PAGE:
I left Greenpeace determined to build an environmental policy that balanced environmental, social, and economic needs, the definition of sustainability. A sensible environmentalist bases their policies on science and logic as opposed to sensationalism, misinformation and fear. And a sensible environmentalist recognizes the needs of over 7 billion people for food, energy, and materials to build our civilization.

Golden riceIt was 10 years after I left Greenpeace when the first genetically modified crops were introduced. Almost immediately Greenpeace came out in opposition to this scientific breakthrough, stating that they would rip the new crops out of the ground if anyone dared plant them. Today there are more that 17 million farmers in 28 countries growing GM crops on 170 million hectares (420 million acres) of land, an area greater than the total farmland of the United States. But Golden Rice is not one of these crops and Greenpeace and their allies are largely if not entirely to blame.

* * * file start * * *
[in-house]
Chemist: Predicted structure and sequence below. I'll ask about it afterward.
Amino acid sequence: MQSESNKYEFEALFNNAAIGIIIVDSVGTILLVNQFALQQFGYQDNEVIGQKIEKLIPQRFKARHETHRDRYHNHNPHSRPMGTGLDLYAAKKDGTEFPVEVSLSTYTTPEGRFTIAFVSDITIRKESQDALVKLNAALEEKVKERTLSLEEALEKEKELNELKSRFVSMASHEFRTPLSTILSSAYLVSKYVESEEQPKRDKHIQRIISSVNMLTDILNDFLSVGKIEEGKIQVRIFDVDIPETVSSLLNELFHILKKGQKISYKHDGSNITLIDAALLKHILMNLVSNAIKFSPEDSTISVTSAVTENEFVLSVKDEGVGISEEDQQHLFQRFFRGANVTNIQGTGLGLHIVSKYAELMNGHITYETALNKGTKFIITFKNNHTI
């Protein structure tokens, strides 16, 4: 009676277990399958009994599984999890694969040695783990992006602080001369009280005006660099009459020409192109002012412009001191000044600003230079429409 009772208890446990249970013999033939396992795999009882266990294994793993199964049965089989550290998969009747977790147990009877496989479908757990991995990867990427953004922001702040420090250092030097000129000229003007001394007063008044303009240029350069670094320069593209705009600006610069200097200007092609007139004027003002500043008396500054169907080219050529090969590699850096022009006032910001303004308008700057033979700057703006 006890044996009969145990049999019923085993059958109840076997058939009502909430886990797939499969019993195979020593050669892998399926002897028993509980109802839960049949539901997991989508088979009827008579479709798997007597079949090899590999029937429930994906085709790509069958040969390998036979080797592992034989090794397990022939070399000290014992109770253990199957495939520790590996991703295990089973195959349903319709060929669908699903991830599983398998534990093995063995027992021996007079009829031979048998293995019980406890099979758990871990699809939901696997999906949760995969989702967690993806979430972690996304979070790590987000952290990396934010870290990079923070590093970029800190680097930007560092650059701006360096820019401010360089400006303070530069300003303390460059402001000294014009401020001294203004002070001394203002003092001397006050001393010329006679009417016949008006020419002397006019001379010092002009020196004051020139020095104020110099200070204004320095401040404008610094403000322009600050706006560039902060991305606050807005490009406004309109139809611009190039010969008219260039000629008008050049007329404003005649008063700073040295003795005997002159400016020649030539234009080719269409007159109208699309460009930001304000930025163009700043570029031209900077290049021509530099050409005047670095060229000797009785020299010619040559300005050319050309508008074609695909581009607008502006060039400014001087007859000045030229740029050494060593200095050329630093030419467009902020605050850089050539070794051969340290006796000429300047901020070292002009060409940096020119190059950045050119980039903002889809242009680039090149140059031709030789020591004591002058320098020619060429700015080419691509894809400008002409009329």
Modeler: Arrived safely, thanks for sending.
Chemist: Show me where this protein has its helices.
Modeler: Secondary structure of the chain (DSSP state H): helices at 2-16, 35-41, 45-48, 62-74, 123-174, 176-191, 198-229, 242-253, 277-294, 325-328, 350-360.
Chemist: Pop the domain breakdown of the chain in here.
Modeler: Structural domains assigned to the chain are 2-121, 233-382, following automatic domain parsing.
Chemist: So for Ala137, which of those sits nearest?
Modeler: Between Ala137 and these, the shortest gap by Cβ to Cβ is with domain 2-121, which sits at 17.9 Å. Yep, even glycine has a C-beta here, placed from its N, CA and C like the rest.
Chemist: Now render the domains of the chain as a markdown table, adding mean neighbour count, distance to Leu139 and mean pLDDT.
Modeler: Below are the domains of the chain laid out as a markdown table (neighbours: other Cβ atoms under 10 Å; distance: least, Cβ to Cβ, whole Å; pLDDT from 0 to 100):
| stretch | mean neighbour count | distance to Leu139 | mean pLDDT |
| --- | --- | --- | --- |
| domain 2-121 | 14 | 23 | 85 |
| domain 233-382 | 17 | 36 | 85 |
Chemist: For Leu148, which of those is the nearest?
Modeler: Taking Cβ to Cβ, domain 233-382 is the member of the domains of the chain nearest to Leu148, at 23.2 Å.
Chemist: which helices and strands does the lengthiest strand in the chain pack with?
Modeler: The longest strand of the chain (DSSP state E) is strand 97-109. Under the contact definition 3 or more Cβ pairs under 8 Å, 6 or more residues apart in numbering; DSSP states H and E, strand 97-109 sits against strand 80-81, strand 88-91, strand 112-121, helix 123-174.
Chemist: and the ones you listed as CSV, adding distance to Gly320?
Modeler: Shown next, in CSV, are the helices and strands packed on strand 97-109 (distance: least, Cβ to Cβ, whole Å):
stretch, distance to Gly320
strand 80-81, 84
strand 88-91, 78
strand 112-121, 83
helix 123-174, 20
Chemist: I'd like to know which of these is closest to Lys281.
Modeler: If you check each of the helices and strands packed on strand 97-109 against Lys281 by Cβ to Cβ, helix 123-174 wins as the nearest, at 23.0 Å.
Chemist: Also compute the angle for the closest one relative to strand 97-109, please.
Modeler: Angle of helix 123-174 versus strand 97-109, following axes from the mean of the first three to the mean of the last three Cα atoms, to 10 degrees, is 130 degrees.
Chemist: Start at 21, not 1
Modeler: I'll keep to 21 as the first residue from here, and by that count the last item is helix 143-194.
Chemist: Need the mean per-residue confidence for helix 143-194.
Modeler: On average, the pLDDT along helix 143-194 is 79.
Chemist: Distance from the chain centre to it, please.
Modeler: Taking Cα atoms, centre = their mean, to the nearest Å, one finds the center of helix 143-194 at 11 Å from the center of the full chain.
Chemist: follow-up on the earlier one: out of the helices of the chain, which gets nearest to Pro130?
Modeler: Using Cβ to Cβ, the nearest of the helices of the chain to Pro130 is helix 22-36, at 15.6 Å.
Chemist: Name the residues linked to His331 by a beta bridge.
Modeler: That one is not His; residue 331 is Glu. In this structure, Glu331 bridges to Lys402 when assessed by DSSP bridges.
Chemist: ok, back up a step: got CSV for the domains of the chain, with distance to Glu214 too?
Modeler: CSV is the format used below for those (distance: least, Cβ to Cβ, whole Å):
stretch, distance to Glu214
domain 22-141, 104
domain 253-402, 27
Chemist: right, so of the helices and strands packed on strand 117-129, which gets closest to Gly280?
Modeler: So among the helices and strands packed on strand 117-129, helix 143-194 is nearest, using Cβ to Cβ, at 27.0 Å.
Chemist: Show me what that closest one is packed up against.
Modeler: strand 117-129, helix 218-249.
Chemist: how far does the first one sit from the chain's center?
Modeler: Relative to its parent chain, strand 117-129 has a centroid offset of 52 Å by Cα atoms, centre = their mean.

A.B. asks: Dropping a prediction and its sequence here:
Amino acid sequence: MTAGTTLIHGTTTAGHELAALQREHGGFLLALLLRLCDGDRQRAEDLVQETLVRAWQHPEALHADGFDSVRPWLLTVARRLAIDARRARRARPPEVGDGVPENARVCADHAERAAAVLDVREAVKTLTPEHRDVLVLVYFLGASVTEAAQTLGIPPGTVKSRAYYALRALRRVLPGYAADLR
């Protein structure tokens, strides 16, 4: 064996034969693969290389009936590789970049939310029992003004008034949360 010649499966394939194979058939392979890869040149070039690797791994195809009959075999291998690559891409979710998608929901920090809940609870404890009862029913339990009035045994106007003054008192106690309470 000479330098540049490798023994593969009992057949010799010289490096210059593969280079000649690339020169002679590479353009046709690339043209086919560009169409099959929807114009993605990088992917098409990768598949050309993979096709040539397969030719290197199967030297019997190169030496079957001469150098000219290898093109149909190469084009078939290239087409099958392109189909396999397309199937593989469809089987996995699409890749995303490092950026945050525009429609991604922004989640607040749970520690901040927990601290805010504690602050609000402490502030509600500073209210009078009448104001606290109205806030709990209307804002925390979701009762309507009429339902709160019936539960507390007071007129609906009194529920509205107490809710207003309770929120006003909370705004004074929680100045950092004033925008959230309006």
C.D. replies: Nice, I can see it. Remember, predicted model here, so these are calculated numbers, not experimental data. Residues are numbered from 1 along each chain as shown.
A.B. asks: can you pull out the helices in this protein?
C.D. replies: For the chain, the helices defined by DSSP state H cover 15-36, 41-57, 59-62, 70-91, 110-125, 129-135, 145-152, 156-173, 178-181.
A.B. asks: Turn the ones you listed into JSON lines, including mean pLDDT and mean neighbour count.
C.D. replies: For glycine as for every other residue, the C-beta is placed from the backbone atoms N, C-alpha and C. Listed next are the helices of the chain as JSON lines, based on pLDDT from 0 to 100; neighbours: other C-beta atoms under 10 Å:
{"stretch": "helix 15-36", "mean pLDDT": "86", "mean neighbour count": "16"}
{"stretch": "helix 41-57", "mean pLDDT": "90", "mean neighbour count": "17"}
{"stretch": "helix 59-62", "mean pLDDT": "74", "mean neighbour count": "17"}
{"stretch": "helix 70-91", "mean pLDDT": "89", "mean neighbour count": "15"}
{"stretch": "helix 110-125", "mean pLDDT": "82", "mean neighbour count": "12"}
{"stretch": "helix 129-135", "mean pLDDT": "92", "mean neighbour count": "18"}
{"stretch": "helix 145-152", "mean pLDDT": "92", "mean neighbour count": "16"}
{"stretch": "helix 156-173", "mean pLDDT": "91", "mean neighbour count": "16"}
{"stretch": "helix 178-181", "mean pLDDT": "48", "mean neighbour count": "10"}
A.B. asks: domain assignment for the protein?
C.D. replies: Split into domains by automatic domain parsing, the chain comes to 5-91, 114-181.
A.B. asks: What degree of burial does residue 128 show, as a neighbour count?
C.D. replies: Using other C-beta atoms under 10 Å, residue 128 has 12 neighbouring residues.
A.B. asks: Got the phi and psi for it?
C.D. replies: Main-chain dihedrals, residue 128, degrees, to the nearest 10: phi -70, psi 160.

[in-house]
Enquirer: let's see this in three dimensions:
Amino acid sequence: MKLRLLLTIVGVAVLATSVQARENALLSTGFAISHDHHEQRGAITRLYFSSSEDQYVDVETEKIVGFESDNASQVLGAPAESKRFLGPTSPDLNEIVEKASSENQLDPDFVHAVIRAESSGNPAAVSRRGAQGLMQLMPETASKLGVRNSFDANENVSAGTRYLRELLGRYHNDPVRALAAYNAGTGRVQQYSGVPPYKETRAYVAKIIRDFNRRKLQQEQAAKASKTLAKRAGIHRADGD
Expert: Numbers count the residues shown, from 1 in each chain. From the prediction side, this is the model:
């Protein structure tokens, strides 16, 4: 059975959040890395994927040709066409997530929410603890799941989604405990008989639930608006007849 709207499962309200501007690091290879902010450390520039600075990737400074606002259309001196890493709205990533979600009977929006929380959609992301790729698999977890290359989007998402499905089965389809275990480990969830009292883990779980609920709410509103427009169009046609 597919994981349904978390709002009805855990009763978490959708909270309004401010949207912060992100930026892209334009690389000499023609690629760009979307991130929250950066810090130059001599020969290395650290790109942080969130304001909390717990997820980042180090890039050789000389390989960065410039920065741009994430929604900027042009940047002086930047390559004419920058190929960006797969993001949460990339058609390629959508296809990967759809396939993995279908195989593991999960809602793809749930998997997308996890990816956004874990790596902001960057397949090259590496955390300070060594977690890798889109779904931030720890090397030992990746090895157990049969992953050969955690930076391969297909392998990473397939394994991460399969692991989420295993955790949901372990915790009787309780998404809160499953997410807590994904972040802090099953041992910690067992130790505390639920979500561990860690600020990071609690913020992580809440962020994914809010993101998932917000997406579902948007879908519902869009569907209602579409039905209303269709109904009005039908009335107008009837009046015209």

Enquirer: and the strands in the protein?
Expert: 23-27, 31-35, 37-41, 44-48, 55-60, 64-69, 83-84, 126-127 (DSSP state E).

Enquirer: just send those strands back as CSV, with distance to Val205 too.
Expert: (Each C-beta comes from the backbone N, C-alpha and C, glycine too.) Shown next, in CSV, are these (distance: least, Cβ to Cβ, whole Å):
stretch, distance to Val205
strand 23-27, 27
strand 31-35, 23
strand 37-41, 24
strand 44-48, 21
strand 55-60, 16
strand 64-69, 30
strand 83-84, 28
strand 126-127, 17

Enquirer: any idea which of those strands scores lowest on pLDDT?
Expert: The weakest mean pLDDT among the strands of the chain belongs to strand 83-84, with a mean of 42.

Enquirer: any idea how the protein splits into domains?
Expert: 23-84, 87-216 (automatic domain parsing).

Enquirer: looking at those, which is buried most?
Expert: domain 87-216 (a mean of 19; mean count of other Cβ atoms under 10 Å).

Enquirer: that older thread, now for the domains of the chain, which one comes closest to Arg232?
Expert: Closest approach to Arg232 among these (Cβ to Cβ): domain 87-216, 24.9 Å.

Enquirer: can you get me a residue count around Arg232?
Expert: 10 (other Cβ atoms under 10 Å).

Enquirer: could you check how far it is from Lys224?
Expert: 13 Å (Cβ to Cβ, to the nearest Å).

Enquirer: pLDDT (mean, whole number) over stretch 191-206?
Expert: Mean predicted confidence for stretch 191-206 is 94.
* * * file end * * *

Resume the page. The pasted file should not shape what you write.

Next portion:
Golden rice attackOn August 8, 2013 activists supported by Greenpeace destroyed a field test of Golden Rice in the Philippines. Greenpeace routinely complains that there has not been enough “testing” of GM crops for their impact on the environment and human health. Yet when scientists conduct field trials to test the environmental effects, or feed Golden Rice to animals and people to see if it works, Greenpeace destroys the tests and discredits the scientists.

When Dr. Guangwen Tang and colleagues published their positive results of feeding Golden Rice to vitamin A deficient children in the Journal of Clinical Nutrition in 2009, Greenpeace accused the scientists of using children as guinea pigs for potentially toxic rice. There is nothing remotely toxic about vitamin A, it is an essential nutrient, yet Greenpeace’s condemnation resulted in news stories around the world that reflected their misinformation campaign to millions of people.